TEST 3: IAT Sensor Circuit Low Voltage
You've been directed here from TEST 1 because your scan tool has confirmed that the IAT sensor is reading an air temperature of 300 °F.
You have also retrieved a P0112 diagnostic trouble code (IAT Sensor Circuit Low Voltage) from the PCM's memory.
In this test step, we're gonna' further troubleshoot this problem. The two most likely causes (of this code and the temperature reading) will be:
- The IAT sensor wires have shorted together.
- Or a bad intake air temperature (IAT) sensor.
OK, this is what you need to do:
- Connect your scan tool and get to its Live Data mode.
- Scroll down to the PID for the IAT sensor.
- 300 °F temperature reading should still be present.
- Now, remove the black plastic loom from the MAF sensor wires (about 6 inches from the connector).
- Remove any black electrical tape that may be wrapped around the wires.
- What you're looking for, as you remove this black electrical tape is to see if the wires are shorted together.
- If the IAT sensor wires are shorted together you'll notice that:
- The insulation has peeled of exposing the copper inside the wires.
- At certain points, the copper wires are (or were) touching each other.
- NOTE: the IAT sensor wires are the one labeled with the letters A and B in the image viewer.
Let's interpret your test results:
CASE 1: The IAT sensor wires were shorted together- This tells you that you that the connector is bad and needs to be replaced.
You can verify that this is the repair solution by separating the wires that are shorted together and then checking the intake air temperature PID (on your scan tool) to see if the temperature has gone from 300 °F to a temperature that is ±10 °F of ambient temperature.
CASE 2: The IAT sensor wires WERE NOT shorted together- This tells you that the MAF sensor connector is OK.
The next step is to unplug the IAT sensor from its connector and see if the temperature reading on your scan tool changess to -30 to -40 °F. For this test, go to: TEST 4.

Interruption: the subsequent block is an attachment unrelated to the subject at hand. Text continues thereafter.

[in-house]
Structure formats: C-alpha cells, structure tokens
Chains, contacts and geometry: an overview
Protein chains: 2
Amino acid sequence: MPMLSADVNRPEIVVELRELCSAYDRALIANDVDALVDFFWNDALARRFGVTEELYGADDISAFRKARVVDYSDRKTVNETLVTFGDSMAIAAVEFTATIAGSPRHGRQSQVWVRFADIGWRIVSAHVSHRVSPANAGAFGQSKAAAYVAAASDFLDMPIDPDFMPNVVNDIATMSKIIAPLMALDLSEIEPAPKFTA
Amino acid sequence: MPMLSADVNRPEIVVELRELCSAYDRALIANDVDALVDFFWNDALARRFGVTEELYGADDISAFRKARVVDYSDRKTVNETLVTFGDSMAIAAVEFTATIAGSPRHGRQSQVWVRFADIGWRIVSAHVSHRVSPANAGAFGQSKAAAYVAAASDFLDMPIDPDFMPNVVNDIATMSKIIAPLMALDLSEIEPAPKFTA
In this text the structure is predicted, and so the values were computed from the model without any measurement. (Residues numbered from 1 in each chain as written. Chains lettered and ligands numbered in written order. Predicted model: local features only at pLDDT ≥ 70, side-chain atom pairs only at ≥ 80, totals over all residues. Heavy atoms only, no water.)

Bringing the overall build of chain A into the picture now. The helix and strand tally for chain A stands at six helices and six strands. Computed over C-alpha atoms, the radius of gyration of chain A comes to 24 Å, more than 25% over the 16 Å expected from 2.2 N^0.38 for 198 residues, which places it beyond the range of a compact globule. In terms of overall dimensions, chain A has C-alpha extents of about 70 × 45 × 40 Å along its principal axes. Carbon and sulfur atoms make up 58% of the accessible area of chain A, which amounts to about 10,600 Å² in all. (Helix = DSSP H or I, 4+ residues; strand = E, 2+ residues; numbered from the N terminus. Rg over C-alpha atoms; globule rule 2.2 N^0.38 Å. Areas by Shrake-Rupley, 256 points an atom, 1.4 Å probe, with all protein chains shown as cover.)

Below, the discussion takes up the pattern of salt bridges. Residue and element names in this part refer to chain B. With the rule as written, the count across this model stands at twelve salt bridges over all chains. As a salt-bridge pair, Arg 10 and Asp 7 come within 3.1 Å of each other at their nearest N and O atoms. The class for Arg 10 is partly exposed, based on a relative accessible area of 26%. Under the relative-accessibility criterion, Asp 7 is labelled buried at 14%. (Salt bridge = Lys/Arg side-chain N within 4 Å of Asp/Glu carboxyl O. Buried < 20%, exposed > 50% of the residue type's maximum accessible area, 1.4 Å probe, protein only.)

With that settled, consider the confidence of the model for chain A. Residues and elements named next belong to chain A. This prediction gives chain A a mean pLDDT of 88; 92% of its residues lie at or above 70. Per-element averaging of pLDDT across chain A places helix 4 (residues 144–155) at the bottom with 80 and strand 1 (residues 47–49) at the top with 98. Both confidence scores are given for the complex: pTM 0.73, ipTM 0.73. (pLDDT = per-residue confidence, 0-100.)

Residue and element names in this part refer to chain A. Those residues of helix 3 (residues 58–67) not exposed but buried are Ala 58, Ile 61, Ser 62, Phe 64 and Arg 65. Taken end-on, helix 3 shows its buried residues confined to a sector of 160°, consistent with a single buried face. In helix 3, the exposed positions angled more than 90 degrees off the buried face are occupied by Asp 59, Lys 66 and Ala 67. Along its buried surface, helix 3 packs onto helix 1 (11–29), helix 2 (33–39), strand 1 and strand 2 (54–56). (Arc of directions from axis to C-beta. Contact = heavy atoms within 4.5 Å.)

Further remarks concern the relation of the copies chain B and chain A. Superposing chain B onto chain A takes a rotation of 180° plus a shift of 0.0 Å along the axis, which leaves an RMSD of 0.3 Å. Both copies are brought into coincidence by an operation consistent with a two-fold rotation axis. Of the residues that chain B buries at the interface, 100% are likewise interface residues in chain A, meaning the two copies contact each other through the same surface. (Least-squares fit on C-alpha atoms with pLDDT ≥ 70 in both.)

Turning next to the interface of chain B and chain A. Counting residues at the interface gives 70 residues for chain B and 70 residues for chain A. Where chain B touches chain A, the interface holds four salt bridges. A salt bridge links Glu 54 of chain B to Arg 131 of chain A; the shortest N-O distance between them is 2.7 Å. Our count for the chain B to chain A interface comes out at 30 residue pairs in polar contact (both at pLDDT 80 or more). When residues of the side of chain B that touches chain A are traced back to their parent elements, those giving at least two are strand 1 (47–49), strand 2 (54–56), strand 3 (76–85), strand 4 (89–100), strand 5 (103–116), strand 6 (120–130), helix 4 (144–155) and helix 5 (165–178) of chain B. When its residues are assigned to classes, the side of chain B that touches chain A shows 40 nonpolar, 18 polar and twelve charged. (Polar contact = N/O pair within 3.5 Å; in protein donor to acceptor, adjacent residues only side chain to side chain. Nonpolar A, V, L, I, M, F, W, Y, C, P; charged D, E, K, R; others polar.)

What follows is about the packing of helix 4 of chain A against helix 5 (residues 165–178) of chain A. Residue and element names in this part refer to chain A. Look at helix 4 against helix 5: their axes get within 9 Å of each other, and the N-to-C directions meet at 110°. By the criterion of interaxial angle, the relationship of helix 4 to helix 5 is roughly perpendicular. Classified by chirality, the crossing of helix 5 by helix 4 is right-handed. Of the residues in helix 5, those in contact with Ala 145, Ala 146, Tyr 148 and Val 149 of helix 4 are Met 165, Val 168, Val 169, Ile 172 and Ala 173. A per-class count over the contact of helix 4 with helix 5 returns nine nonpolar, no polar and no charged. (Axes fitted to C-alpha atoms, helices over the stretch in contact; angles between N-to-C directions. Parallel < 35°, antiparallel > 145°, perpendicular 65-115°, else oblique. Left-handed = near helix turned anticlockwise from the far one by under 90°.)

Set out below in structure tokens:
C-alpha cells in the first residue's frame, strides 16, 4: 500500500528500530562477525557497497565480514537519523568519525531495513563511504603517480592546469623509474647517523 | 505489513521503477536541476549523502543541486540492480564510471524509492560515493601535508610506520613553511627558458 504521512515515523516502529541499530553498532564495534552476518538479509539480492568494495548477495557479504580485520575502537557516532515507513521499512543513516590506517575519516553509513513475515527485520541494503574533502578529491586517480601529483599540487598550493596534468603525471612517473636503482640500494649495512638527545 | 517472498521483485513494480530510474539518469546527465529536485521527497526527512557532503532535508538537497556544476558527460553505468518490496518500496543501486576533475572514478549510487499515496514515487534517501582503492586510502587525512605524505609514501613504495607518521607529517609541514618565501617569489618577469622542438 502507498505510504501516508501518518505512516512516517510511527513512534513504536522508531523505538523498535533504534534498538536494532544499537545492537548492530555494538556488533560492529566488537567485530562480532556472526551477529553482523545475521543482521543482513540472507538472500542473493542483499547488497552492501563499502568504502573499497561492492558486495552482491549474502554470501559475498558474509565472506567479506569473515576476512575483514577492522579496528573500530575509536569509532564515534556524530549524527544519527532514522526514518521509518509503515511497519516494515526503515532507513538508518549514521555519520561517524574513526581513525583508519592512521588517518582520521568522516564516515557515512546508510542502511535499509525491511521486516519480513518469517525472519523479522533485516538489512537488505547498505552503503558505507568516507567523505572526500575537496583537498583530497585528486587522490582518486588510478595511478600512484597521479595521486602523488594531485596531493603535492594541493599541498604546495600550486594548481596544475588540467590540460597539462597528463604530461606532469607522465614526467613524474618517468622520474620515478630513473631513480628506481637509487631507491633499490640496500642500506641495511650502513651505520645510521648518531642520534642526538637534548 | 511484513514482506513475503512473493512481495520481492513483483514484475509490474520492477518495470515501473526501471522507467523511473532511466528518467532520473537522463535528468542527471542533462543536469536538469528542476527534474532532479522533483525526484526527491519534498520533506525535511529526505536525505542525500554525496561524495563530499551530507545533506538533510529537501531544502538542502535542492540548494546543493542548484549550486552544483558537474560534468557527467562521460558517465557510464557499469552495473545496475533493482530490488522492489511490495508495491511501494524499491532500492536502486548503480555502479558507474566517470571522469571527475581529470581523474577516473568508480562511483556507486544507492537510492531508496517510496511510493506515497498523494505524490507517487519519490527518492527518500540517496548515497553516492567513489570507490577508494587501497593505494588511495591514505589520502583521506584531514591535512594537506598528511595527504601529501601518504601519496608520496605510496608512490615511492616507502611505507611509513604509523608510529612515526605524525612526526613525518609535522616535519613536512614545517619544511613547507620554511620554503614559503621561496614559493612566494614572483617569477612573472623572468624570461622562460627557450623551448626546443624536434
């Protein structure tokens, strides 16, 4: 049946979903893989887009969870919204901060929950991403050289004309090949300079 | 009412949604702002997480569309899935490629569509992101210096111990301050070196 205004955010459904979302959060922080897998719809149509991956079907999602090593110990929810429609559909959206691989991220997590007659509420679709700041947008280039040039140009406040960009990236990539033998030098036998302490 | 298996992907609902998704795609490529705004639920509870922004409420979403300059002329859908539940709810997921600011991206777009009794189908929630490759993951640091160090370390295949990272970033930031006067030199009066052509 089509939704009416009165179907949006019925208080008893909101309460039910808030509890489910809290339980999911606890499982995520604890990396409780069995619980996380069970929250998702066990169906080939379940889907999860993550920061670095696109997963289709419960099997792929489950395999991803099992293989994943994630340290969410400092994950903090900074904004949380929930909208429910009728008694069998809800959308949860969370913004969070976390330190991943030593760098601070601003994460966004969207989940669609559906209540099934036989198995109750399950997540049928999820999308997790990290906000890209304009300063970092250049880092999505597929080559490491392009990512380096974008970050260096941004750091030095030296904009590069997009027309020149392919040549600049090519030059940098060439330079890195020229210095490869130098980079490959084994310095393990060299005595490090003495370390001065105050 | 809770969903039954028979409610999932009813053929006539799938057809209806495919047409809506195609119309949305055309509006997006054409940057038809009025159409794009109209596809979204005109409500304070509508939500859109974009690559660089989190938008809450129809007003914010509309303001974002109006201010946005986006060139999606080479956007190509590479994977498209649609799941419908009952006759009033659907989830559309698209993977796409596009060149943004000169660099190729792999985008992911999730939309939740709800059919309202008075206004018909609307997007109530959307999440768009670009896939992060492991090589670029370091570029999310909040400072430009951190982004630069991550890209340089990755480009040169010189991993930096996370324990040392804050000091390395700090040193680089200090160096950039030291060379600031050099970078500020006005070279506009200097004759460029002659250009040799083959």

TEST 4: Unplugging The IAT Sensor
If you've reached this test, you have confirmed that your the IAT sensor wires are not shorted together in TEST 3.
And that your scan tool is still showing a 300 °F intake air temperature sensor reading.
There are two things that need to be done, before we condemn the IAT sensor as bad.
The first one (and the focus of this test) is to make the PCM think the IAT sensor is reading -30 °F. By making the PCM see -30 °F, we'll eliminate the PCM as bad.
The second thing is to directly check the resistance of the IAT sensor itself (with the connector disconnected) and we'll do this in TEST 6.
OK, here's what you'll need to do:
- Connect your scan tool to your vehicle and:
- Turn the key to the ON position.
- Go to Live Data mode.
- Scroll down to the IAT sensor PID.
- The IAT sensor should be reading 300 °F.
- Disconnect the mass air flow (MAF) sensor from its connector.
- Once you disconnect the MAF connector the IAT sensor PID should read:
- -30 to -40 °F.
- If you check for codes, you should see a P0113: Intake Air Temperature (IAT) Sensor Circuit High Voltage.
- When done, turn the key Off and interpret your results below:
CASE 1: Your scan tool showed -30 to -40 °F- This is the normal result from unplugging the IAT sensor (MAF connector) and tells you that the PCM is OK.
The next step is to check the resistance of the IAT sensor itself (unplugged from its connector). For this test, go to: TEST 6.
CASE 2: Your scan tool DID NOT show -30 to -40 °F- This tells you that the there's something wrong with the wiring harness or the PCM itself.
Now, checking the wiring between the PCM or the PCM itself is beyond the scope of this tutorial but you have at least eliminated the intake air temperature (IAT) sensor inside the MAF sensor as bad.
Before checking anything else, I suggest that you do TEST 8.